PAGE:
Finding out you have a sexually transmitted disease can be devastating, life-altering news for some. But it’s important to remember that you’re not alone in your struggle. In fact, the CDC estimates that nearly 20 million new sexually transmitted infections occur every year. The CDC also found that in the U.S. in 2016, more than 2 million cases of chlamydia, gonorrhea, and syphilis were reported—the highest number ever. Dr. Kate Balestrieri, a licensed psychologist and certified sex therapist, sees firsthand how STDs impact the lives of her patients, and says it’s important to know that life—and happiness—goes on after being diagnosed.
“With the right treatment, people can go on and have a flourishing, robust sex life,” says Balestrieri. She adds that learning to cope with having an STD takes time, but that it can be done (along with treatment, of course). “The first reaction is typically shame, fear, and embarrassment,” she says. “Patients feel guilty, like it’s their fault. Many internalize it and assume that they’re ‘bad.’ Some become self-destructive, either in their minds or with their behavior.”
I felt disgusting and ashamed—I never thought I would be that person.
When Lauren from North Carolina found out that she was diagnosed with chlamydia at 25, she was a wreck. “I cried when I received my positive test results,” she says. “I felt a lot of shame at first. I grew up in a town where abstinence was the only thing taught in school, so I felt disgusting. I never thought I would’ve have been ‘that person’ who gets an STD.” Those feelings are completely normal, says Lauren, and she suggests educating yourself and talking with trusted loved ones when you first get the news. “No one wants to talk about it, so the stigma remains, which is why we really need to talk about it,” she says. Even parents can be uninformed. “My mom didn’t know a thing about chlamydia. She asked if my dog would get it. I also had no idea what the treatment involved until I got on the antibiotics.”
When you’re ready to talk about it—either with friends, family, your partner, or a therapist—Balestrieri advises having a vocabulary that helps you talk about your STD so that it reduces the shame associated with it. “I recommend being candid and matter-of-fact,” she says. “For example, to a sexual partner, you can say, ‘I was last tested on X date, and I’m negative for X and Y, and positive for Z. When were your last tests?’”
Kerry, 31, from Philadelphia, remembers when she was first diagnosed with gonorrhea. She felt shame and guilt, just like Lauren. “I wasn’t in a monogamous relationship, so I had no idea who may have infected me,” says Kerry. “To this day, three years later, I’ve never told my parents.” However, she did talk to her closest friends about it and was pleasantly surprised by how they handled it. “I would never wish bad on my friends, but what really helped me cope was that as I talked about it more with them, I learned that some were also living with STDs, too. Opening up about it and learning I wasn’t alone really helped me.”
Opening up and learning I wasn’t alone really helped me.
There are also plenty of support groups that cater to people living with STDs, both online and in person, says Balestrieri. “Look for dating sites that connect people with specific STDs.” Sites like Positive Singles and Meet People With Herpes not only offer you a place to get support and make friends, but also may even help you meet a new partner. Lauren adds that women can also use YESmeansTEST.org to learn the stats and find nearby clinics.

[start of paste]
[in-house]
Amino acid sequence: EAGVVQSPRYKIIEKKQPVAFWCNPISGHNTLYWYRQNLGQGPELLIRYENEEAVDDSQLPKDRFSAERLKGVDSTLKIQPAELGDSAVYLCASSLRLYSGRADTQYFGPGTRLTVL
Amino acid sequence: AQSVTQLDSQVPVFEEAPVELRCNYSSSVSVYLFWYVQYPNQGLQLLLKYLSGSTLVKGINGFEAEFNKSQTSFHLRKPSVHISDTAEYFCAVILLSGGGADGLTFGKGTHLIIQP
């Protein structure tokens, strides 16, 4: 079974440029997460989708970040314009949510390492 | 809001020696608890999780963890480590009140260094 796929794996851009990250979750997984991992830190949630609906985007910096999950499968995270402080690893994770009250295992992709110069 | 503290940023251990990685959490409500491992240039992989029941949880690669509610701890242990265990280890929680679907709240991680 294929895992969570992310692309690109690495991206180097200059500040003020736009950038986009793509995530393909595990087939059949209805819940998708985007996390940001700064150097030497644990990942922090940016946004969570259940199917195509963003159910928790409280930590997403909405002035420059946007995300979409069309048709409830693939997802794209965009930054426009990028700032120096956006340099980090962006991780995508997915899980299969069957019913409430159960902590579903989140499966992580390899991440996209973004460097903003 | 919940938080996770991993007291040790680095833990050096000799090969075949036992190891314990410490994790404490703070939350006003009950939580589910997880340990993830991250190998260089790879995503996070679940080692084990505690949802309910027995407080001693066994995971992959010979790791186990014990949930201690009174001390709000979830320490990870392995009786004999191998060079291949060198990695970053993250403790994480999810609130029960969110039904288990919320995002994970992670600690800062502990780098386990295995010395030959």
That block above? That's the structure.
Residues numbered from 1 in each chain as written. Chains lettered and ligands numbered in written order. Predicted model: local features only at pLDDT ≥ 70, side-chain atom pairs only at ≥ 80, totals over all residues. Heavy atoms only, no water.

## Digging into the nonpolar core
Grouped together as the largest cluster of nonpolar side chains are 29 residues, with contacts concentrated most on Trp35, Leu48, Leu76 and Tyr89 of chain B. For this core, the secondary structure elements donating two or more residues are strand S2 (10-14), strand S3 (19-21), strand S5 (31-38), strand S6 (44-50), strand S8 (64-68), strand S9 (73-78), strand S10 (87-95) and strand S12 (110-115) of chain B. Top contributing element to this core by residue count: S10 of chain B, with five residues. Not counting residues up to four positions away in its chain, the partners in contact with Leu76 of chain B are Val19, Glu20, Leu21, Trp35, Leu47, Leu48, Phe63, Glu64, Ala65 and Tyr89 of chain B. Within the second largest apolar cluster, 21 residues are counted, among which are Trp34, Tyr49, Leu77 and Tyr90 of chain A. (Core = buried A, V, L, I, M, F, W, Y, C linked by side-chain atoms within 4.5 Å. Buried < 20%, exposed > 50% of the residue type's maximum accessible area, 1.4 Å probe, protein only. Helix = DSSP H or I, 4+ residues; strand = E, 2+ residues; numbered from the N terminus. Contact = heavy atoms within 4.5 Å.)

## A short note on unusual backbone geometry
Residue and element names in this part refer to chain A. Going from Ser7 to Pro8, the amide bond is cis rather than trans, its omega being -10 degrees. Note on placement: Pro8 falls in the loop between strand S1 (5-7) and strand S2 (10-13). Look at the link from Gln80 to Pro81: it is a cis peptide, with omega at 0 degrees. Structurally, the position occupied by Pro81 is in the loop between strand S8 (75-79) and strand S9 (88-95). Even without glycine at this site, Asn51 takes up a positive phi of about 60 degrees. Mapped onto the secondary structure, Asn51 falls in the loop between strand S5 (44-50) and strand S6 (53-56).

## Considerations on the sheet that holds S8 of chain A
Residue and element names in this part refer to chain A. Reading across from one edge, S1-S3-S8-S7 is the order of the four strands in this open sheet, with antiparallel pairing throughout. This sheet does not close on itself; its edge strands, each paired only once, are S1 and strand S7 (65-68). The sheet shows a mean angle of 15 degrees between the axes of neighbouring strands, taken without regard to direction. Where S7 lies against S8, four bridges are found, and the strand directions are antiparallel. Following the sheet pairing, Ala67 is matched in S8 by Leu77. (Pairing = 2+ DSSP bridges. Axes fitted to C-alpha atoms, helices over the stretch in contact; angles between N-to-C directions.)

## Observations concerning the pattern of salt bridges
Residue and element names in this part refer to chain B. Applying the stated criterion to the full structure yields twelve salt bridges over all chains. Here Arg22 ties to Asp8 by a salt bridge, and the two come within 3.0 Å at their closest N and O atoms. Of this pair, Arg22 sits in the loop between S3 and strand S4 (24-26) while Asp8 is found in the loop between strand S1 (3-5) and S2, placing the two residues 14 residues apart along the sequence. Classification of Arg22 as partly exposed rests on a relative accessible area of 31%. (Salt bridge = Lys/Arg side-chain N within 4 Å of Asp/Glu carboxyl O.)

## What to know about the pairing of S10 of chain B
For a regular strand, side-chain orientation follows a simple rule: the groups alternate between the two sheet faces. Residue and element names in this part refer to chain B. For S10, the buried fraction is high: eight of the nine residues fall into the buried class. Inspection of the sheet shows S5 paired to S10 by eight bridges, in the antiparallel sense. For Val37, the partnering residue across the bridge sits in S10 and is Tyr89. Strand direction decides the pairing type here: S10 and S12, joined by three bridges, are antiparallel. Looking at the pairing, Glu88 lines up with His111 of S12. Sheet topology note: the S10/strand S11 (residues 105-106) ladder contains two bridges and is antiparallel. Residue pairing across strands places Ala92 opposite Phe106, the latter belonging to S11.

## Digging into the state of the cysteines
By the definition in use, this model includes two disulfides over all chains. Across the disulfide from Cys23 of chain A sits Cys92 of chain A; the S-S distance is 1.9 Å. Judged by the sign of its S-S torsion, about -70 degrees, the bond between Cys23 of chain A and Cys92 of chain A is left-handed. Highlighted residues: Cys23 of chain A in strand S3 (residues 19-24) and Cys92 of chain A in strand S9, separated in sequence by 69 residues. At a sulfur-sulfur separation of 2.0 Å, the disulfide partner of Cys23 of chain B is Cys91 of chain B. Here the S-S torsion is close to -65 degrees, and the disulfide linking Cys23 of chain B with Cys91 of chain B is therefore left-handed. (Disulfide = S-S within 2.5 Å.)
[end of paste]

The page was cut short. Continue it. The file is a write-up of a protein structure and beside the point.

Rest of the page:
Another big concern after being diagnosed is telling your partner. If you’re in a monogamous relationship, the most important thing is being transparent and preparing for your partner’s possible response. “I decided to tell my partner so he knew and could take care of himself,” says Lauren. “What I didn’t anticipate was how poorly he’d react. He accused me of being a slut and denied he had given it to me—even though I knew it could only be him because I was regularly tested. It was incredibly hard to go through that.”
The best way to cope with an outcome like Lauren’s is to emotionally prepare yourself for your partner’s anger and judgment—even if it’s unfair and unwarranted. “A lot of partners can shame you about it, so really think about whether you’re prepared for it to be over,” says Balestrieri. And if it’s not over, are you prepared for them to accept you with the STD? Are you prepared for their discomfort, fear, and questions? If you’re feeling really fragile about the conversation, have supportive people around when preparing for the talk.” Telling your partner also helps prevent you from internalizing all the feelings associated with having an STD.
Another important coping mechanism that helped Kerry was ramping up her self-care. “After the initial fear and shame of have an STD subsided, I really started paying attention to how I was caring for my body and mind,” she says. “I started practicing yoga and meditating more. I upped my vitamins and natural supplements to help strengthen my immune system and made sure I was seeing the doctor on a regular basis.”
Balestrieri emphasizes the value of seeing a therapist for extra emotional support. “It’s important to see either a sex therapist, sex addiction therapist, or another psychologist or therapist who specializes in sexual trauma, dysfunction, or health,” she says. “They’re uniquely trained to address healthy dating plans, shame reduction, sexual reawakening if you feel shut down, and other topics that are related to navigating the news of an STD.” And it never hurts to say it one more time: You’re far from the only one dealing with these struggles.